The Bye Bye Man
The Bye Bye Man is the kind of film that is so boring and bereft of anything of possible interest that it becomes infuriating.
"Enemy of the State" uses the thriller genre to attack what it calls "the surveillance society," an America in which underground computers at Fort Meade monitor our phone calls for trigger words like "bomb," "president" and "Allah." It stars Will Smith as a Washington, D.C., lawyer whose life is dismantled bit by bit (and byte by byte) because he possesses proof that a congressman was murdered for opposing a bill that would make government snooping easier.
For much of the movie, the lawyer doesn't even know he has the evidence, a videotape showing the congressman's suicide being faked while a high government official looks on. The official, named Reynolds and played by Jon Voight with glasses and a haircut that make him uncannily resemble Robert McNamara, directs a vendetta against the lawyer that includes planting sexual gossip in the paper, canceling his credit cards, getting him fired and eventually even trying to frame him for the murder.
Paranoid? Exaggerated? No doubt, although "Enemy of the State" reminded me of that recent scary Anthony Lewis column in the New York Times about Julie Hiatt Steele, an innocent bystander in the Kenneth Starr investigation who had her tax returns audited, her neighbors and employers questioned, and her adoption of a war orphan threatened--all because she testified that Kathleen Willey had asked her to lie about a meeting with President Clinton.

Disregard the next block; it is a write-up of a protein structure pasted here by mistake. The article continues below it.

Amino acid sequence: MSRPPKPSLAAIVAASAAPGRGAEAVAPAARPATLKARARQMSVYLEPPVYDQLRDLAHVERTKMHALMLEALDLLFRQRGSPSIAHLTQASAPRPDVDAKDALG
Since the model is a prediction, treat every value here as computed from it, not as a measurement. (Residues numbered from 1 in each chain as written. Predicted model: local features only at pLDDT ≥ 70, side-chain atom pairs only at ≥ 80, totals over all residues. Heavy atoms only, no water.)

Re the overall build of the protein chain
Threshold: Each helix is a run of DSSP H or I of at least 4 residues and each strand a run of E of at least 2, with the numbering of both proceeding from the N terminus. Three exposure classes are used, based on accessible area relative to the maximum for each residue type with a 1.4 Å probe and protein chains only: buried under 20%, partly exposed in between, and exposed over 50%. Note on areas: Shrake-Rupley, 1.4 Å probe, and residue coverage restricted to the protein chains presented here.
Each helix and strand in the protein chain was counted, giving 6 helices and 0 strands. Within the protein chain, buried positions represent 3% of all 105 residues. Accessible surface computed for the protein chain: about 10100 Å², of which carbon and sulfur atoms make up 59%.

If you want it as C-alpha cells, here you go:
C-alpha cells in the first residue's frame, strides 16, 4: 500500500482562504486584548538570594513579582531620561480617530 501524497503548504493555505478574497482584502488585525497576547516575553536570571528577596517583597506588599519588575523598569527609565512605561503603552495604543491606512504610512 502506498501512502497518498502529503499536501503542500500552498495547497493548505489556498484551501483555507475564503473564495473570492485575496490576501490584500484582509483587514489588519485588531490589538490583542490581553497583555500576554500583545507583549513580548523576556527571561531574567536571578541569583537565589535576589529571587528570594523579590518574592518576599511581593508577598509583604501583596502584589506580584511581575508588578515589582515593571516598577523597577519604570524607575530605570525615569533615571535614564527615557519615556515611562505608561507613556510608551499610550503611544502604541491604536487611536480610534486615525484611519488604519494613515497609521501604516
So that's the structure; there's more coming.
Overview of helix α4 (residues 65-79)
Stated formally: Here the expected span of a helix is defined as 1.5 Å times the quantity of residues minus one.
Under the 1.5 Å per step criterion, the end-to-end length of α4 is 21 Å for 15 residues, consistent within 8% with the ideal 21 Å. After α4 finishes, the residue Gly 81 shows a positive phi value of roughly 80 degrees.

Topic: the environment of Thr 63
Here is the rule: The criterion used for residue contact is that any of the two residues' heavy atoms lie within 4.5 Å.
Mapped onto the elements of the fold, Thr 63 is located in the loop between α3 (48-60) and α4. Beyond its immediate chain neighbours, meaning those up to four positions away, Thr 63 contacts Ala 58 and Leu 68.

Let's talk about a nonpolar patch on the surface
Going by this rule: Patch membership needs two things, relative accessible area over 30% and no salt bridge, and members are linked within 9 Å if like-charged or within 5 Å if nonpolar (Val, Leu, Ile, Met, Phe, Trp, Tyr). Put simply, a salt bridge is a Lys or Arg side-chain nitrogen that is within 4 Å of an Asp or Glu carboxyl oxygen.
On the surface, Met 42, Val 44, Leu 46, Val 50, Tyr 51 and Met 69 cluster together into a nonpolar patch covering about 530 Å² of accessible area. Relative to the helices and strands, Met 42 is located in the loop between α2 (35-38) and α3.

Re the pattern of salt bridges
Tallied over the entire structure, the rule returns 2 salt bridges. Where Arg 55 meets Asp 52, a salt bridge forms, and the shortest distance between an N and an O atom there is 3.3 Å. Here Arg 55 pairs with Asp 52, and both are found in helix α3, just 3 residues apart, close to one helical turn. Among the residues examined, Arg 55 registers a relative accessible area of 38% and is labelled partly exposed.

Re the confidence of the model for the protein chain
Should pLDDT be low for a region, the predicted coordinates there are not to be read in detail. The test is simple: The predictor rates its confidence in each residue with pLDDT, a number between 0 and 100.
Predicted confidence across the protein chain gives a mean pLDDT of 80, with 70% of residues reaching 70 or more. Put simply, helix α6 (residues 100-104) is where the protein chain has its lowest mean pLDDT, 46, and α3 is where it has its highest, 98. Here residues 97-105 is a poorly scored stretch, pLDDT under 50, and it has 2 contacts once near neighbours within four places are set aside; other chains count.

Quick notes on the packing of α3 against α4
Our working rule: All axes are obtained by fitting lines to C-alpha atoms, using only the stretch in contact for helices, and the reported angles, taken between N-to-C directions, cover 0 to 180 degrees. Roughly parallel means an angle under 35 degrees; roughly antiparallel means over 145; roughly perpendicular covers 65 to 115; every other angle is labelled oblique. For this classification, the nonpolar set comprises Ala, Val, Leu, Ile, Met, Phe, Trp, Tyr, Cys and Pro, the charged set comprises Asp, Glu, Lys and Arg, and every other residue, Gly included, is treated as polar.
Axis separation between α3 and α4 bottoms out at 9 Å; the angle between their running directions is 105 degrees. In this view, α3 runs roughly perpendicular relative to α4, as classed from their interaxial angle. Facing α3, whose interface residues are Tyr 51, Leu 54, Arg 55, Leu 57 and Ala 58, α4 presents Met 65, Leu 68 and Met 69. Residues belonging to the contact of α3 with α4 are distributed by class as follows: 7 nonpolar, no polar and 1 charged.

It's not the government that is the enemy, this movie argues, so much as bureaucrats and demagogues who use the power of the government to gain their own ends and cover their own tracks. Voight's character is really acting on his own behalf: He wants a communications bill passed because it will make his job easier (and perhaps make him richer). He has the congressman (Jason Robards) killed because he's the key opponent of the bill. Everything else follows from the coverup of the murder.